posted at 8:01 am on March 22, 2017 by Jazz Shaw
Now that New York City Mayor Bill de Blasio no longer has Preet Bharara to worry about he can get back to the important work of doing what he likes best. That would be opposing the Trump administration at every turn. This week he announced his latest initiative on that front, informing the public that New York City schools are being trained on how to “resist” Immigration and Customs Enforcement officials. But as our colleagues at Townhall revealed, most of this so-called training is far more show than substance.
At a press conference in front of New York’s Tweed Courthouse on Tuesday, Mayor Bill de Blasio laid out the city’s plans to resist U.S. Immigration and Customs Enforcement agents in the Trump era.
There are “deep fears and concerns” among immigrant families after President Trump announced new ICE protocols that give agents more freedom to hold illegal immigration raids, the mayor noted…
De Blasio detailed a few ways the city plans to assuage parents’ fears and resist ICE. His office, he said, will be instructing school employees to understand what to do in which ICE agents appear at a school. The agents, he said, will be kept outside the school buildings and schools will not share information with them unless required by the law.
“They can’t blow by our security,” De Blasio added. “They have to follow our rules.”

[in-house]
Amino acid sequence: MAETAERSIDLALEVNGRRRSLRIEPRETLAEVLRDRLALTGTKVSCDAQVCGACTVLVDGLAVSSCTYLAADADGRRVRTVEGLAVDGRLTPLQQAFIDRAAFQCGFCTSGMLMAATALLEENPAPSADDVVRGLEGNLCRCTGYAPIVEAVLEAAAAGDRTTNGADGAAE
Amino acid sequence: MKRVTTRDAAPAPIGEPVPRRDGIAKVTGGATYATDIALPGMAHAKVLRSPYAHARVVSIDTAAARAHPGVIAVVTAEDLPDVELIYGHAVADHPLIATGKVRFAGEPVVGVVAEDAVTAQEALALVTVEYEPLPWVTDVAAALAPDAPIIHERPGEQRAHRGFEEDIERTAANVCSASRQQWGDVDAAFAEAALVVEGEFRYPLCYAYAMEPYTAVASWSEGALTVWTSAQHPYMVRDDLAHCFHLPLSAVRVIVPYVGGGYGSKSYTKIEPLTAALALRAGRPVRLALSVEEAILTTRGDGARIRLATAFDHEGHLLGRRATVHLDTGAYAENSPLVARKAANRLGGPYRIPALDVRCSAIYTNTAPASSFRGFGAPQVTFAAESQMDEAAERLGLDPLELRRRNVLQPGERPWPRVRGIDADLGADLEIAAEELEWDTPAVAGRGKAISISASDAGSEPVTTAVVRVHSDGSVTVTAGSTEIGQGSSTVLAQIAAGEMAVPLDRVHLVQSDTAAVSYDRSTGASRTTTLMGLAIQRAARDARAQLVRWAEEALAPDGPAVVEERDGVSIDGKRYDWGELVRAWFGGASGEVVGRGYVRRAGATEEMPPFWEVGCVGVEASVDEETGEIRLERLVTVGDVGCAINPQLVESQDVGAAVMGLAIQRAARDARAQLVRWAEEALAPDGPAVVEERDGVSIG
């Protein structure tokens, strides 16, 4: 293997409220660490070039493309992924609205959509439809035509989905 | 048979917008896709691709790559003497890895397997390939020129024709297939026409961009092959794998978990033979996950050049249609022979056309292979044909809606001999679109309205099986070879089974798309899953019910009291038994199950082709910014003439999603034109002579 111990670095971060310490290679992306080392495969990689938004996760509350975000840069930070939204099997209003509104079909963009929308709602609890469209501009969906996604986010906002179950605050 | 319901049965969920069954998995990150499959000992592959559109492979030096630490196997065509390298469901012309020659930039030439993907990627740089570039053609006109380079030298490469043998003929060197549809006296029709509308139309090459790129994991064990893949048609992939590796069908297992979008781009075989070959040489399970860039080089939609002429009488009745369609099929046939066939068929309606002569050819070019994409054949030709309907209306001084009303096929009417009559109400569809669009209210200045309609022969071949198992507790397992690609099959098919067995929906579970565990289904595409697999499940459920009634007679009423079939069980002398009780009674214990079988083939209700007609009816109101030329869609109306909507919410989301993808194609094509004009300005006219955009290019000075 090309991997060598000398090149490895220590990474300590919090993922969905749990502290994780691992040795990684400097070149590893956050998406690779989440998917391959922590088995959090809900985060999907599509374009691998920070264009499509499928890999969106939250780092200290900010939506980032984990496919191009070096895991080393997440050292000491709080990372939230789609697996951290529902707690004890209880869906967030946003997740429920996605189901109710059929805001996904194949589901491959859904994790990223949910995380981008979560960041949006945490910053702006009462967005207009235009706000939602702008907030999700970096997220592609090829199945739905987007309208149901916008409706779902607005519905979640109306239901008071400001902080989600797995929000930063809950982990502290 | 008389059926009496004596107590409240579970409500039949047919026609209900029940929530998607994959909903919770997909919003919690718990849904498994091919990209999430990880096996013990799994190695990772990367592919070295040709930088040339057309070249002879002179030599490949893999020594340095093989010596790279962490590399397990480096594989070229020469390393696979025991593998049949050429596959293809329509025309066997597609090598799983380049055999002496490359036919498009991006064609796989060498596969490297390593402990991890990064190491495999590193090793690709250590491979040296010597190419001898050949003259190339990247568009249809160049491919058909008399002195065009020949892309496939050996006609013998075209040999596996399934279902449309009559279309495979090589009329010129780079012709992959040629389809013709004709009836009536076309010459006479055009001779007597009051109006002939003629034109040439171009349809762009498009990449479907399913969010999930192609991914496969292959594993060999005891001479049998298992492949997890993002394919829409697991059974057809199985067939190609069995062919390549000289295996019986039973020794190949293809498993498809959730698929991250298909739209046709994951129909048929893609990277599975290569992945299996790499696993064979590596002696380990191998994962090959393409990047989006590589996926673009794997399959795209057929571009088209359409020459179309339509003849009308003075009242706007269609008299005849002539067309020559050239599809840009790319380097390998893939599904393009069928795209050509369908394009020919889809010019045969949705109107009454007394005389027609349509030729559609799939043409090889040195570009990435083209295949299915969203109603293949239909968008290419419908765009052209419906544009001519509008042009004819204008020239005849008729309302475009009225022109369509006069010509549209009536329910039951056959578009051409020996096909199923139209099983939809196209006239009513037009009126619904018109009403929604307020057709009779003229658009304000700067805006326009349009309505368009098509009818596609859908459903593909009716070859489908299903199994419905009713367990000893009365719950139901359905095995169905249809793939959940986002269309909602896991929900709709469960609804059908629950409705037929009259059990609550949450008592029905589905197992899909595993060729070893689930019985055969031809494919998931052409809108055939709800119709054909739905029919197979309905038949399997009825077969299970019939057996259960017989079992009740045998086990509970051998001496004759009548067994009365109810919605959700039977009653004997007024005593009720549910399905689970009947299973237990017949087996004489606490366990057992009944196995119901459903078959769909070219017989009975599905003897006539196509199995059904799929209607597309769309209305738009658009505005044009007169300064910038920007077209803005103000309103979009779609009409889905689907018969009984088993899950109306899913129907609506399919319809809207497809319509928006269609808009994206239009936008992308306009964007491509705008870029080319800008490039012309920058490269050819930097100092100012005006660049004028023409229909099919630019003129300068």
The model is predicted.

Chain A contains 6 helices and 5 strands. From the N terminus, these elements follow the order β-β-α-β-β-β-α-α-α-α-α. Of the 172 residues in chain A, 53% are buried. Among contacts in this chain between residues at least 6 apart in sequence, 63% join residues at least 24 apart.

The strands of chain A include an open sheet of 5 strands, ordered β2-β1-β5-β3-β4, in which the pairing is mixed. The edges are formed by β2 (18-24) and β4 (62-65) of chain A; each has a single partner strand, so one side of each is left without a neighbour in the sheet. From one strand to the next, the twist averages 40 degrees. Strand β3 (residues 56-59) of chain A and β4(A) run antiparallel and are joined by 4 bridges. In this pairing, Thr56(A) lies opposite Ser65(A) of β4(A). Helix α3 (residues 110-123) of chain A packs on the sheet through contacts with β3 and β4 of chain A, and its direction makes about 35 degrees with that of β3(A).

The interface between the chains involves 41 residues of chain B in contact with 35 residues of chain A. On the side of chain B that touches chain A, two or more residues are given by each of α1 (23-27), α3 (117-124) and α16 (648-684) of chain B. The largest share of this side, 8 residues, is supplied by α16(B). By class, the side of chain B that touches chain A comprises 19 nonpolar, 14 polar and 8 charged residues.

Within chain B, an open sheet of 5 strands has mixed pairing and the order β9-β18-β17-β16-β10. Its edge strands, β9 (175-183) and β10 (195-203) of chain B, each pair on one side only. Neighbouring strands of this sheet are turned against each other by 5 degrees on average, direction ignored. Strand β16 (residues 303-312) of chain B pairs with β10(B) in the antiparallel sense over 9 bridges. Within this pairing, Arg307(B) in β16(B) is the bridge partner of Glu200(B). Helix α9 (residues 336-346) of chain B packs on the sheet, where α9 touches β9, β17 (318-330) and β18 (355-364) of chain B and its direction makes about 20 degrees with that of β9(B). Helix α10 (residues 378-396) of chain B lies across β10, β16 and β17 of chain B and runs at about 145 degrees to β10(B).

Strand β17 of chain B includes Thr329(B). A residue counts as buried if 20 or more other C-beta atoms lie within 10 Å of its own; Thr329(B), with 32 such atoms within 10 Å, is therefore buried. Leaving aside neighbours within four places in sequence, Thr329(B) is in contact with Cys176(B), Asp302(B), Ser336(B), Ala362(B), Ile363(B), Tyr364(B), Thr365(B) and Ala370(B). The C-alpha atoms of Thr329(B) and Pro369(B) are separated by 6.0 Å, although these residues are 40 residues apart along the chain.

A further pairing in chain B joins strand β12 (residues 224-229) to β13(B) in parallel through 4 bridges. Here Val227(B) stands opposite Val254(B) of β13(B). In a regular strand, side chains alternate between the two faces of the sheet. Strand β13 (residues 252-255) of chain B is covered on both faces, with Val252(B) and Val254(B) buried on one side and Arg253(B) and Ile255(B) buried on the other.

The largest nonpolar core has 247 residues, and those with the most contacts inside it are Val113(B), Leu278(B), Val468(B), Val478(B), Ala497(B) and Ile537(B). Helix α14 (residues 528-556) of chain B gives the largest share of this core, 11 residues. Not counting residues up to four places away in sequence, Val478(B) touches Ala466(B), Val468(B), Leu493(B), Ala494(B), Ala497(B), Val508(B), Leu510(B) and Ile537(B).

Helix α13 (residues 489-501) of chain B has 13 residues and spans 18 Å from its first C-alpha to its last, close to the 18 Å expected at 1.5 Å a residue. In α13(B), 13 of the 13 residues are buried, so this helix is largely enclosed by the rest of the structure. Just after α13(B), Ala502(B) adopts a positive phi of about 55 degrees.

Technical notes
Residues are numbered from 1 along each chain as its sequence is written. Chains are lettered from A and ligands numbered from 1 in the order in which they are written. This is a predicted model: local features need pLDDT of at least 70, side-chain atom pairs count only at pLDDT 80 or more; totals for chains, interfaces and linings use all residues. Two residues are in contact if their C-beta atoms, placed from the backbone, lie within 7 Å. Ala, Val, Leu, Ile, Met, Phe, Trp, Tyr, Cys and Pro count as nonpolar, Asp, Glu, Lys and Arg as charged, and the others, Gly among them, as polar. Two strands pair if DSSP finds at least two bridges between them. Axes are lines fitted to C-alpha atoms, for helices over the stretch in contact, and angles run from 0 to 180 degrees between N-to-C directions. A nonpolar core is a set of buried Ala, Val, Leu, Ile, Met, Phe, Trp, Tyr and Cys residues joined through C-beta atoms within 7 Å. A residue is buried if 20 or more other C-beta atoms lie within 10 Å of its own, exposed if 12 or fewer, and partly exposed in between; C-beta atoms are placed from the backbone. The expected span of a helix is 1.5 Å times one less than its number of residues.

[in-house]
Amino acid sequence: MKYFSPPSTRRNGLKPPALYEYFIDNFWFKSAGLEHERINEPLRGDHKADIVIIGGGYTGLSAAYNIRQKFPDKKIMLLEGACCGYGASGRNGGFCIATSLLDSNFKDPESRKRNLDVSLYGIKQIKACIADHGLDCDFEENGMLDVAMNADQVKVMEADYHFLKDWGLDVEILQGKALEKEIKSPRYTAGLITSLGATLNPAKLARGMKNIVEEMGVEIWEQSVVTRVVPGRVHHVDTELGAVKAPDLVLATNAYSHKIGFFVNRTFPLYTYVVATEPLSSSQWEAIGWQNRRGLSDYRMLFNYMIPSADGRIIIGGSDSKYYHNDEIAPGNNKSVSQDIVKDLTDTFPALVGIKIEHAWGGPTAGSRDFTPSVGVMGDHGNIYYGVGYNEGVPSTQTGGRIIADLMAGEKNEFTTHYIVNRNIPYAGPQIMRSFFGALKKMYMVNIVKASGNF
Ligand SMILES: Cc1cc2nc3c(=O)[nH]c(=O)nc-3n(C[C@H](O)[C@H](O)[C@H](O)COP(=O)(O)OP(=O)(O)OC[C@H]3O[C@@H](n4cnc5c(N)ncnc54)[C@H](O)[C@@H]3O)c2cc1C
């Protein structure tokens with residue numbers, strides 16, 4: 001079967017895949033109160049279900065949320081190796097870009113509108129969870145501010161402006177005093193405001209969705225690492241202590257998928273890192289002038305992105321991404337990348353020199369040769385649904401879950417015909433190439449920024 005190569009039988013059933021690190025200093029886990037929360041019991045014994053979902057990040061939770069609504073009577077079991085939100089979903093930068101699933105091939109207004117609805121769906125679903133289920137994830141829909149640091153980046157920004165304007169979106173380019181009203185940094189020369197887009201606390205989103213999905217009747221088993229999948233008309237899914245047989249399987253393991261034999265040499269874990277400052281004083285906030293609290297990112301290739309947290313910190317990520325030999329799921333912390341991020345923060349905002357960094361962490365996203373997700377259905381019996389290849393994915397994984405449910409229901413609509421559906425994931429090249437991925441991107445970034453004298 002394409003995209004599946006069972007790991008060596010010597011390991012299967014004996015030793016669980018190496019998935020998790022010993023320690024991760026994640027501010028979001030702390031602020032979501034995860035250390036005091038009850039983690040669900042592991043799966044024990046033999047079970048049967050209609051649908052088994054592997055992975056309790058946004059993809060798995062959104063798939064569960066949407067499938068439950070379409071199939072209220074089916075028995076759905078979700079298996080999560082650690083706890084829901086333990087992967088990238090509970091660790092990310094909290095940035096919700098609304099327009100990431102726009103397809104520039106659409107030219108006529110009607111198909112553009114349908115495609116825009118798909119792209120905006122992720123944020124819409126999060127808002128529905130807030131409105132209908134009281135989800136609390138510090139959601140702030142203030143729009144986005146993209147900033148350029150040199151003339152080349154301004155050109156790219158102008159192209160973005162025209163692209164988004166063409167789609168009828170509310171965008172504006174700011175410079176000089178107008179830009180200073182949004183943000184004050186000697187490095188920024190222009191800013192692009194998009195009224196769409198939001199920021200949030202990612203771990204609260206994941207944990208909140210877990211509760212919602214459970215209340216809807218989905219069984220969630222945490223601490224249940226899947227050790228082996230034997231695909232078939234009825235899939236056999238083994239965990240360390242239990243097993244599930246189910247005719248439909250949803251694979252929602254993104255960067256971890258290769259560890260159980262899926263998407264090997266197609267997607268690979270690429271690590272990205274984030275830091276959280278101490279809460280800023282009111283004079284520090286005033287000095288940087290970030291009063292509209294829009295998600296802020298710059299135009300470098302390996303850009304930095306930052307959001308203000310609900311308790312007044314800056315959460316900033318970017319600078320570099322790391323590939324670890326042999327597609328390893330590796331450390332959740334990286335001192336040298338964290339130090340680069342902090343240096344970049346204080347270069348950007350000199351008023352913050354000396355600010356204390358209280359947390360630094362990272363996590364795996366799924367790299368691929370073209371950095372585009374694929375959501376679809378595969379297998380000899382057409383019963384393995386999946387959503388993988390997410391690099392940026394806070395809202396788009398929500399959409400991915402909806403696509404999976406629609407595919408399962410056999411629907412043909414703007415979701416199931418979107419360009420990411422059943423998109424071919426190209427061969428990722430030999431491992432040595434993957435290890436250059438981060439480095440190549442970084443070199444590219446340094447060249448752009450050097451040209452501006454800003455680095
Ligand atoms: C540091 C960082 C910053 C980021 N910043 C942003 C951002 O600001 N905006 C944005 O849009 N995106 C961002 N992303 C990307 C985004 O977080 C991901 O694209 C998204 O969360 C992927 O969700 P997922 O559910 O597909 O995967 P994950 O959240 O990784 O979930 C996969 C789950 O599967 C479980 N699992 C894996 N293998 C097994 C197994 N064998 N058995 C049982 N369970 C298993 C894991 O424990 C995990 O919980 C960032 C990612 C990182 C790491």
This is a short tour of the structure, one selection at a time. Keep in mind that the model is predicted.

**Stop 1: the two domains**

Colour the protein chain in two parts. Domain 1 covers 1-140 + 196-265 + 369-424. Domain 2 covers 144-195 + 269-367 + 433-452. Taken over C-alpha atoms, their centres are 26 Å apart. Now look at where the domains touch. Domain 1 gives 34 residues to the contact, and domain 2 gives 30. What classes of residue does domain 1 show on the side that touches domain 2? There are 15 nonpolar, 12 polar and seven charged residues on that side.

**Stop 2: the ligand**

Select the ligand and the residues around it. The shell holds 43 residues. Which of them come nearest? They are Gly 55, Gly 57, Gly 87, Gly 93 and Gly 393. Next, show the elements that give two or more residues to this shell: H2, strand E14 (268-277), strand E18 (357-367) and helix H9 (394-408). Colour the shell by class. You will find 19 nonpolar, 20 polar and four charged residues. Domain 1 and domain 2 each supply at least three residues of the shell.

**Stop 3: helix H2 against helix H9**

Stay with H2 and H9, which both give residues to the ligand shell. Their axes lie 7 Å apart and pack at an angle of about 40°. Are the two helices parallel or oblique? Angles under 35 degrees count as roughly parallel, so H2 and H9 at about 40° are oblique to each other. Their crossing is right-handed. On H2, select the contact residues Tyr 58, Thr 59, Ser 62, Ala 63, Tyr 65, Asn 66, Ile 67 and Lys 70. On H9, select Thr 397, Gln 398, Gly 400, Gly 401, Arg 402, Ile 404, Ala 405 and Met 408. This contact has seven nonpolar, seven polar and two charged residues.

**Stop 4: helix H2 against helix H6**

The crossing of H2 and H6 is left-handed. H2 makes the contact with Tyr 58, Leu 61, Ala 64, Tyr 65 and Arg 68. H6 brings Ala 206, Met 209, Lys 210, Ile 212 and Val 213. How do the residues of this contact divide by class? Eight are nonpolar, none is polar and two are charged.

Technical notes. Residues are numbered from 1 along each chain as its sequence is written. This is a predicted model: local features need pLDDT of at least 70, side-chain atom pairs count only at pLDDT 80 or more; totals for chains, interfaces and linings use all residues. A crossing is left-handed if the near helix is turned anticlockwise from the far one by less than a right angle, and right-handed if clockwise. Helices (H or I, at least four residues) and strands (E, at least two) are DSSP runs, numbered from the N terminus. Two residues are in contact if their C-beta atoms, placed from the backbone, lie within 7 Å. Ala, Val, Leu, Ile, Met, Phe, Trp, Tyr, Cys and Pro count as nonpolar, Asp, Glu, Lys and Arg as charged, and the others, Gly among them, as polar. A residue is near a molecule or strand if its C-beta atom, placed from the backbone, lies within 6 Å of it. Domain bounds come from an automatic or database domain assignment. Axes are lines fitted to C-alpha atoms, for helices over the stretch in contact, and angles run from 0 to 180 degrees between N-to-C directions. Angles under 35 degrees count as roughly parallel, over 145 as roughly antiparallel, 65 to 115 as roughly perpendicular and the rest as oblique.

The details of these training programs are thin to say the least, but their overall impact looks to be mostly negligible on the surface. First of all, ICE doesn’t spend much of its time prowling the halls of public schools looking for illegal immigrants. It’s not that we don’t have some students who are here illegally, but the fact is that their parents are generally the far bigger fish to fry. Mayor de Blasio himself admits that there have been no recorded incidents of immigration agents showing up in schools in the Big Apple.
Also, his comments about “denying entry” to ICE agents comes with a big caveat. They won’t be allowed in unless they have a warrant. As the kids these days are wont to say, well, duh. In the event that ICE was actually looking for a specific student they would obviously go and get a warrant in advance. And what does the mayor propose the school do if agents do show up with a warrant? They will be “monitored closely” while they are inside the building. Feel free to monitor away, buddy.
The rest of the initiatives under discussion mostly involve training for parents and families. These are described as efforts to make “immigrants” aware of their rights. The mayor once again falls back on the typical liberal rhetorical device of conflating the terms immigrants and illegal immigrants. If you are an immigrant who is in the country legally ICE has no interest in you. If you are here illegally, your “rights” in these situations are somewhat limited by the fact that you are a criminal and don’t belong in the country in the first place.
So do these policies actually change anything? Not in any substantial way. Mostly this looks like even more political bluster designed to polish Bill de Blasio’s progressive credentials as he prepares for his next election. If the mayor truly wanted to serve the families of the students, perhaps he could spend a bit more time worrying about whether or not the kids are getting a decent education in New York City’s public schools rather than fighting with federal law enforcement officials.